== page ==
Yet financial constraints alone can’t explain the communal-living rush, because, at least in coastal cities, communities tend to be full of prospering people. “Part of it might just be appetite for risk, and willingness to do something together,” Gillian Morris, who co-edits the community-living newsletter Supernuclear, told me. Phil Levin, Supernuclear’s other editor, who co-founded an Oakland community called Radish, said, “Our built environment is getting more isolating over time. More houses in the suburbs, more luxury apartments in buildings where you don’t know your neighbors.” Punctilious types often distinguish among “co-housing,” which involves distinct units on a compound; “co-living,” which involves sharing more space; and “co-ops,” which have still more deeply enmeshed intentions. But many communities, like Treehouse, are hybrids, and part of the point is coloring outside the lines. Commitment to nontraditional living arrangements also sometimes involves polyamory or co-parenting. Marriage rates in the United States are the lowest they’ve been since the period following the Civil War, when data were first collected. As life spans increase, so will the proportion of time one spends outside the nuclear family, which means that, at some point, for most Americans, the alternative to different ways of being together will be being alone.

Digital life was supposed to bring greater connection. Gideon Dominick, a software engineer, told me that he’d done “the digital-nomad thing” for seven years, but now was seeking community as a stay against what he called “atomization” in public life—a loss of shared reference points and experience. Technology, he thought, was changing people’s social expectations. “There’s a lot of editing now in how we’re trained to perceive other people,” he said. “We have fewer exchanges of uncertainty where we’re waiting to see how they resolve.”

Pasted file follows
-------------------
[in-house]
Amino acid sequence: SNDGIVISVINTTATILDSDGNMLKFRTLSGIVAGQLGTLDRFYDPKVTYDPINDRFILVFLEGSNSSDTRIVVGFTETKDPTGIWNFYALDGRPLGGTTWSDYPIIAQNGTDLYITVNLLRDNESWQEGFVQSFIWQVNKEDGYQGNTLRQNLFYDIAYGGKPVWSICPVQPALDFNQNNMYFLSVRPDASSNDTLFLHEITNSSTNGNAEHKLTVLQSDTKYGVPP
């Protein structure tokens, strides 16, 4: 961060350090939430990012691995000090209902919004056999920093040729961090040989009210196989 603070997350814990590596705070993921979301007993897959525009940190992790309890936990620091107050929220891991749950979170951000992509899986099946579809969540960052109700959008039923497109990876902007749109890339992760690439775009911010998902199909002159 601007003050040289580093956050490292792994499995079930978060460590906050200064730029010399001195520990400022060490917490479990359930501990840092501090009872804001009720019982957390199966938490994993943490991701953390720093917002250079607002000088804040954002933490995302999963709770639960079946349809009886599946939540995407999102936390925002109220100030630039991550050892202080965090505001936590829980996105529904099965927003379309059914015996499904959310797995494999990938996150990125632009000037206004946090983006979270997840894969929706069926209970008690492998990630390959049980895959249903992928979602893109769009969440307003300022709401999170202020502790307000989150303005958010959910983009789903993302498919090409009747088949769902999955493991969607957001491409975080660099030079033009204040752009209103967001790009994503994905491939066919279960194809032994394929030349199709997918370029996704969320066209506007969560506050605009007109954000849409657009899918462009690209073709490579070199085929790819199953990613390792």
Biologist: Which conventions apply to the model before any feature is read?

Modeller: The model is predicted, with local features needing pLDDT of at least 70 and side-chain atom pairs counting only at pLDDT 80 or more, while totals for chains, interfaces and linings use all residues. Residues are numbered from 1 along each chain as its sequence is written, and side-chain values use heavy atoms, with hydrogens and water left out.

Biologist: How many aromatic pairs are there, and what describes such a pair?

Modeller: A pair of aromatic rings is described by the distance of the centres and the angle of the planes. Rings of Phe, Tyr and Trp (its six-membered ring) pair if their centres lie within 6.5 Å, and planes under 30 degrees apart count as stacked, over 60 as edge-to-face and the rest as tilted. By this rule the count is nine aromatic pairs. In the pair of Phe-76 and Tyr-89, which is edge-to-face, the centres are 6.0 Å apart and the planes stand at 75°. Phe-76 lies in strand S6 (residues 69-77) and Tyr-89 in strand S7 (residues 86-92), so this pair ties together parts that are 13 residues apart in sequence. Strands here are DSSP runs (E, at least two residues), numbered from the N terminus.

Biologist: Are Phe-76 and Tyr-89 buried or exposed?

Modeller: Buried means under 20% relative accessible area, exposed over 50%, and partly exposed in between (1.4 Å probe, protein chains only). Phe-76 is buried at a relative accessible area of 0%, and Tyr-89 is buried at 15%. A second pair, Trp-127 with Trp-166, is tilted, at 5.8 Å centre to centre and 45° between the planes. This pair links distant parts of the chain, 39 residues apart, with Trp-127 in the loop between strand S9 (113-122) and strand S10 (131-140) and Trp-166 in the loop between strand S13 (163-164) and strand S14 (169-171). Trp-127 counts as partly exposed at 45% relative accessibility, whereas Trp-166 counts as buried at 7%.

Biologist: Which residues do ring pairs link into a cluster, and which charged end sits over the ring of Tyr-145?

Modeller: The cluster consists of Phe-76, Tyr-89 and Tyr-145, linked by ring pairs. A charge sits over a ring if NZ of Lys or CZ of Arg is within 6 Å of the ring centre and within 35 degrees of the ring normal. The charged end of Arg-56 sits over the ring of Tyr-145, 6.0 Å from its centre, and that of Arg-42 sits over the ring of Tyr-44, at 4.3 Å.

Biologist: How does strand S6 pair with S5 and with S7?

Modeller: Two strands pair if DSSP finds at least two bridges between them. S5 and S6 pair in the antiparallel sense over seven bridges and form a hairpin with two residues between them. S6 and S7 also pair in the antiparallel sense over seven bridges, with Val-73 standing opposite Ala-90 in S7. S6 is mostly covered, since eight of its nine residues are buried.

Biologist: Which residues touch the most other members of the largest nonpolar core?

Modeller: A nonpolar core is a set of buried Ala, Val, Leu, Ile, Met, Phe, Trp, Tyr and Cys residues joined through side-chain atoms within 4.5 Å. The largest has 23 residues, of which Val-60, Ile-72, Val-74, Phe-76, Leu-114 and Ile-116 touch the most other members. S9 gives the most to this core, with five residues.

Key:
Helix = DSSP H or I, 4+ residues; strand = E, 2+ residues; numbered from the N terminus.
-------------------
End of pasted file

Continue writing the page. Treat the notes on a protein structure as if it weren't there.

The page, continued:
A cluster of people at Treehouse showed me to my room. It had a platform bed, a big window, a private bathroom, its own climate control, and soundproofed walls. There was a pillow-laden window seat, I supposed for wistful gazing. Also, it being Los Angeles, there was a healing crystal and a diffuser stocked with lavender oil. This I ran constantly, at full blast, like a power generator at the corner of my bed.

Outside my room was a shared kitchen, with an oblong table that could fit seven or eight people at a squeeze. My suitemates were two men in their thirties: Jon Carpenter, an entrepreneur, and Devan Dmarcus, a personal trainer.

“During the week, I’m very heads-down,” Carpenter alerted me.

“And I’m usually down in the gym. So we catch each other at the kitchen table,” Dmarcus said.

Carpenter wore a Bay Area young professional’s uniform—ankle-hugging trousers, pristine sneakers—and said that he couldn’t remember how many businesses he’d started over the years. He’d been living by himself in San Francisco, but had worried about becoming lonely during the lockdown, so he’d sublet his place and come to Treehouse. “I work with a business coach slash therapist, and she’s, like, ‘You have to do this,’ ” he told me. Dmarcus, with billowing athletic clothes and a mane of dreadlocks, had recently come to Los Angeles from Atlanta, where he co-founded an organization called Black Men Smile, which sought to redefine Black masculinity through outreach and art.

Some rooms in the building were designed for particular purposes—a laundry room that doubles as an art studio, a screening lounge with a bar—but residents often end up exerting their own vision and control over a space, and Dmarcus had taken over an area at the edge of the parking garage, where he added gym equipment and started booking appointments. Kate Green, who knew wine, had taken it upon herself to keep the bar stocked; another resident, who knew food safety, kept the communal refrigerator’s contents fresh. The building originally used a cleaning service, but, when residents realized that the best cleaner was underpaid, Treehouse hired her away and doubled her wage. The maintenance man lived in the house next door.